This summer was more productive than I could ever imagine. Thus, I didn’t have time to document all the exciting things that happened. All I can say is, I had to sleep in places/not sleep, encountered a TON of cockroaches, and saw more body parts of fellow PCV’s than I expected. Overall, I would rate the summer a success. I’m really happy with the work that I did, and more importantly the relationships I made with other PCVS. My summer included, CampLead,an Elementary Camp, 5 teacher trainings and 2 workshops. Essentially, no time to write a blog, so this one will be the highlighting story from each summer event.
NOMET/ Teacher Trainings
As far as Peace Corp is concerned, it seems that my batch, 269, is very large in comparison to other batches. I have heard in other countries that batches are as small as 8 and usually up to 60-80. Our batch was 140+, the highest number brought to the Philippines. With that being said, it means that there are a LOT of PCV’s around. Although we are all relatively close, bus rides, boat rides, and jeep rides away we don’t get a chance to meet in large groups. NOMET was the answer to all of that.
It felt like a family reunion in a way, mostly because PCV’s are a lot like family. Each of us are assigned different topics and we train teachers on the topic. When I did my first two teacher trainings the numbers were smaller, around 50-150 for the 2 day training. However for NOMET there are around 500 teachers, meaning we have many topics for them to learn from.Jaron and I did two teacher trainings back to back in Antique, and our topic was Remedial Reading.
RemedialReadingis a difficult subject to teach because most of the teachers are brand new to the idea, thus its broken down into 2 sessions. After the 4 days, I don’t think I ever want to talk about Remedial Reading again. NOMET has 4 schools in a row. At each school teachers from the surrounding areas come, and then we transfer to another school and 1hr plus away.
My topics for NOMET were Microsoft Word and Researching. The benefit of teaching MS Word is that there is usually an air conditioner inside of the classroom with the computers to protect them. The negative side, is that there is an air conditioner inside of the classroom and its really hot outside so people will sign up for your class just to be in air conditioning and they have no desire to learn. Unfortunately for my students, I was very sick. So sick, that the air-conditioning bothered me so I had it off. I lost my voice the majority of the day, and would preserve it for the moments when it was time to teach. Almost like adrenaline, I would be able to talk because I wanted to teach so badly.My partner Evelyn, we taught MS Word and Research Fun and Games.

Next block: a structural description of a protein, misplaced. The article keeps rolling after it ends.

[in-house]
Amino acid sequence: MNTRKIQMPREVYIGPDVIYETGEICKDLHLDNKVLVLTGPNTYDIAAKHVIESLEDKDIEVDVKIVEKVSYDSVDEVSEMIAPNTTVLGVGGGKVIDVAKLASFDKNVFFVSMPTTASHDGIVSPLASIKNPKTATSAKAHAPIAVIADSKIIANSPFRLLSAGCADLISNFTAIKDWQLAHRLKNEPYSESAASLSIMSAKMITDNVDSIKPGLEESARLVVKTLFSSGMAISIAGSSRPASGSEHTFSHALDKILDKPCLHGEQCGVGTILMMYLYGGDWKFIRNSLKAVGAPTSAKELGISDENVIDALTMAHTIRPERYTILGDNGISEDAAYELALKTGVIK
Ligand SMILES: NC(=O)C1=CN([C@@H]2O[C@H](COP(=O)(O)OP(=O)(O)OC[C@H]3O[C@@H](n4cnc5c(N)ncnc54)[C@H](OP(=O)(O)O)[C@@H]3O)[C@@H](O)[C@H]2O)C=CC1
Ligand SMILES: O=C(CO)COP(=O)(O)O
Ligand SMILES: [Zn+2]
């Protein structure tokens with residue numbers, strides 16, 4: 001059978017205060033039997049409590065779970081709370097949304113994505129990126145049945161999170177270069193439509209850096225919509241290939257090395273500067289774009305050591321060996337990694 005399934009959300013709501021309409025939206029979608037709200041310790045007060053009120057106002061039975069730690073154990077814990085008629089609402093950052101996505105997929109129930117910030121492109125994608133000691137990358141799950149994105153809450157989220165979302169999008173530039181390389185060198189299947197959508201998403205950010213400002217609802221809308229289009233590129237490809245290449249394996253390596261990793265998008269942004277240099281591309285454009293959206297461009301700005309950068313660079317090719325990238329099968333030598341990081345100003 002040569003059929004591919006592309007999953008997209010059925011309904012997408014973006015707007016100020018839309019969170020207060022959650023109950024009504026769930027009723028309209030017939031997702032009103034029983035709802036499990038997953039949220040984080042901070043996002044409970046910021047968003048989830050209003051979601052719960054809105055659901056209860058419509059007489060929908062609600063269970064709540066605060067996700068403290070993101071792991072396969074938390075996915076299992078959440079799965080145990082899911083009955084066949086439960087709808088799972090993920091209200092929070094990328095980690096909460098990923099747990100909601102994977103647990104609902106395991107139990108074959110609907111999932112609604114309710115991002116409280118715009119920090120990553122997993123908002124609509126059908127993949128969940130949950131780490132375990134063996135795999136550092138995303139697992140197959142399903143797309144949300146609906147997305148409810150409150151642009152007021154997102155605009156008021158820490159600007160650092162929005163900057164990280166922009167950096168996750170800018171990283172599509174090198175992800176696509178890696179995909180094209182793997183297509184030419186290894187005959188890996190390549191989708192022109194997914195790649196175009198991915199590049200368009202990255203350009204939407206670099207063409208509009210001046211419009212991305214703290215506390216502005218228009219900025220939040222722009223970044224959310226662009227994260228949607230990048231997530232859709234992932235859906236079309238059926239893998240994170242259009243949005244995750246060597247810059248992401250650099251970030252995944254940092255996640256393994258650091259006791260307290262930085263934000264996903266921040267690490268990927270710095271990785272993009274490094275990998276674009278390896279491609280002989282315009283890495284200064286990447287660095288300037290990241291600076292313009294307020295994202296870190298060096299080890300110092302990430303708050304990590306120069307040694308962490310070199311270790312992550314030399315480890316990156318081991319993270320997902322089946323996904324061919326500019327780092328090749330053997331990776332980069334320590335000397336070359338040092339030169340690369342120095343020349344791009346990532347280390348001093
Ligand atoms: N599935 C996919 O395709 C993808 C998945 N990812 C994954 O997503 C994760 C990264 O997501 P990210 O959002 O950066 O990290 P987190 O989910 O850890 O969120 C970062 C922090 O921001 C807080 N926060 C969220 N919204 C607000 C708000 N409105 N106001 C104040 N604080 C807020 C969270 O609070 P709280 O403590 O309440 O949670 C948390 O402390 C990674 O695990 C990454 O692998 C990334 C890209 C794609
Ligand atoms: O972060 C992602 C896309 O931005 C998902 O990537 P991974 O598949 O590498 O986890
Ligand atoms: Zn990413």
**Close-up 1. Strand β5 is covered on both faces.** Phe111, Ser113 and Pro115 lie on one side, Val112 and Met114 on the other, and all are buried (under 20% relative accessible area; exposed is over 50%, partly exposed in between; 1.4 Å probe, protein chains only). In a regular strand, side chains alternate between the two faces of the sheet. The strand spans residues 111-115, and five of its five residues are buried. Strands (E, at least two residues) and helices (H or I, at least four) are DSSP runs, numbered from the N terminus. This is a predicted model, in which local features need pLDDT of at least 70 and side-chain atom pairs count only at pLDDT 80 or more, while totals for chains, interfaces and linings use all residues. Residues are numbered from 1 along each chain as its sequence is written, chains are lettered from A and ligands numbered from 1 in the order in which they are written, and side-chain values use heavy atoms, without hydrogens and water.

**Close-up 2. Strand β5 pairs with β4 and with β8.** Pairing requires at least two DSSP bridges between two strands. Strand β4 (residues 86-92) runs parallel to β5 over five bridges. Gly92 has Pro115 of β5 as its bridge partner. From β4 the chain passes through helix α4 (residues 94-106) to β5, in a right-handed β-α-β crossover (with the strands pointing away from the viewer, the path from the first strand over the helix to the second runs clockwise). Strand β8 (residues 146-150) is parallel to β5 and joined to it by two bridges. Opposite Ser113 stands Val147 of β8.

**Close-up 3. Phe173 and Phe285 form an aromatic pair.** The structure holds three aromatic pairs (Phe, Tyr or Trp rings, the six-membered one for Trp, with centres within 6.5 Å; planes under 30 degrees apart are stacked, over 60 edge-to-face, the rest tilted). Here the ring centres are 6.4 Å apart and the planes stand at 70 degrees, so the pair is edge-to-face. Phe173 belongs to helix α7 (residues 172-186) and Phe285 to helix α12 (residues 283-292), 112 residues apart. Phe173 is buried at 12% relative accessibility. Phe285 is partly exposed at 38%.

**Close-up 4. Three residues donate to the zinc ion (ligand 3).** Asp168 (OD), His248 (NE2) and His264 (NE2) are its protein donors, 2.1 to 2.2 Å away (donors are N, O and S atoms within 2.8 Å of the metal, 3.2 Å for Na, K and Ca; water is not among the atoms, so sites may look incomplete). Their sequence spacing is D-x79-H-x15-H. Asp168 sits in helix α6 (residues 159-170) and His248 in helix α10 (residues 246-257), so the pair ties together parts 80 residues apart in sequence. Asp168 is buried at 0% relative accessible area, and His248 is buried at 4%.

Researching was not as popular as MS Word, but still very important. My partner and I taught about plagiarism, because here in thePhilippinesstudents often turn in copy and pasted work from wikipedia or other sources. Teaching teachers how to help students write in their own words is more difficult than you would think. However I really enjoyed it. The highlight moments of NOMET were not actually teaching, (because I felt like crap the whole time) but instead the moments were we could be ourselves. On the weekend before the transition to the next school we played games like Mafia, and Monopoly Deal. We danced, ate pizza and just hung out. Even though we were sleeping on a cockroach invested school floor with thin pads and mosquitoes attacking us despite the layers of OFF, it was wonderful. Data Base WorkshopThe Data Base Workshop took place inManila. I had to leave NOMET early in order to attend. Being in Manila provided the opportunity to help at a school clean up, called Brigeda Eskwela. Every school across the Philippines has a clean-up campus week before school starts. USAID and the US Embassy adopted a local school by providing supplies. They invited PCV’s to help pain the school. It was an amazing opportunity because painting reminds me of home, and I met workers from USAID who really left me inspired about my future opportunities.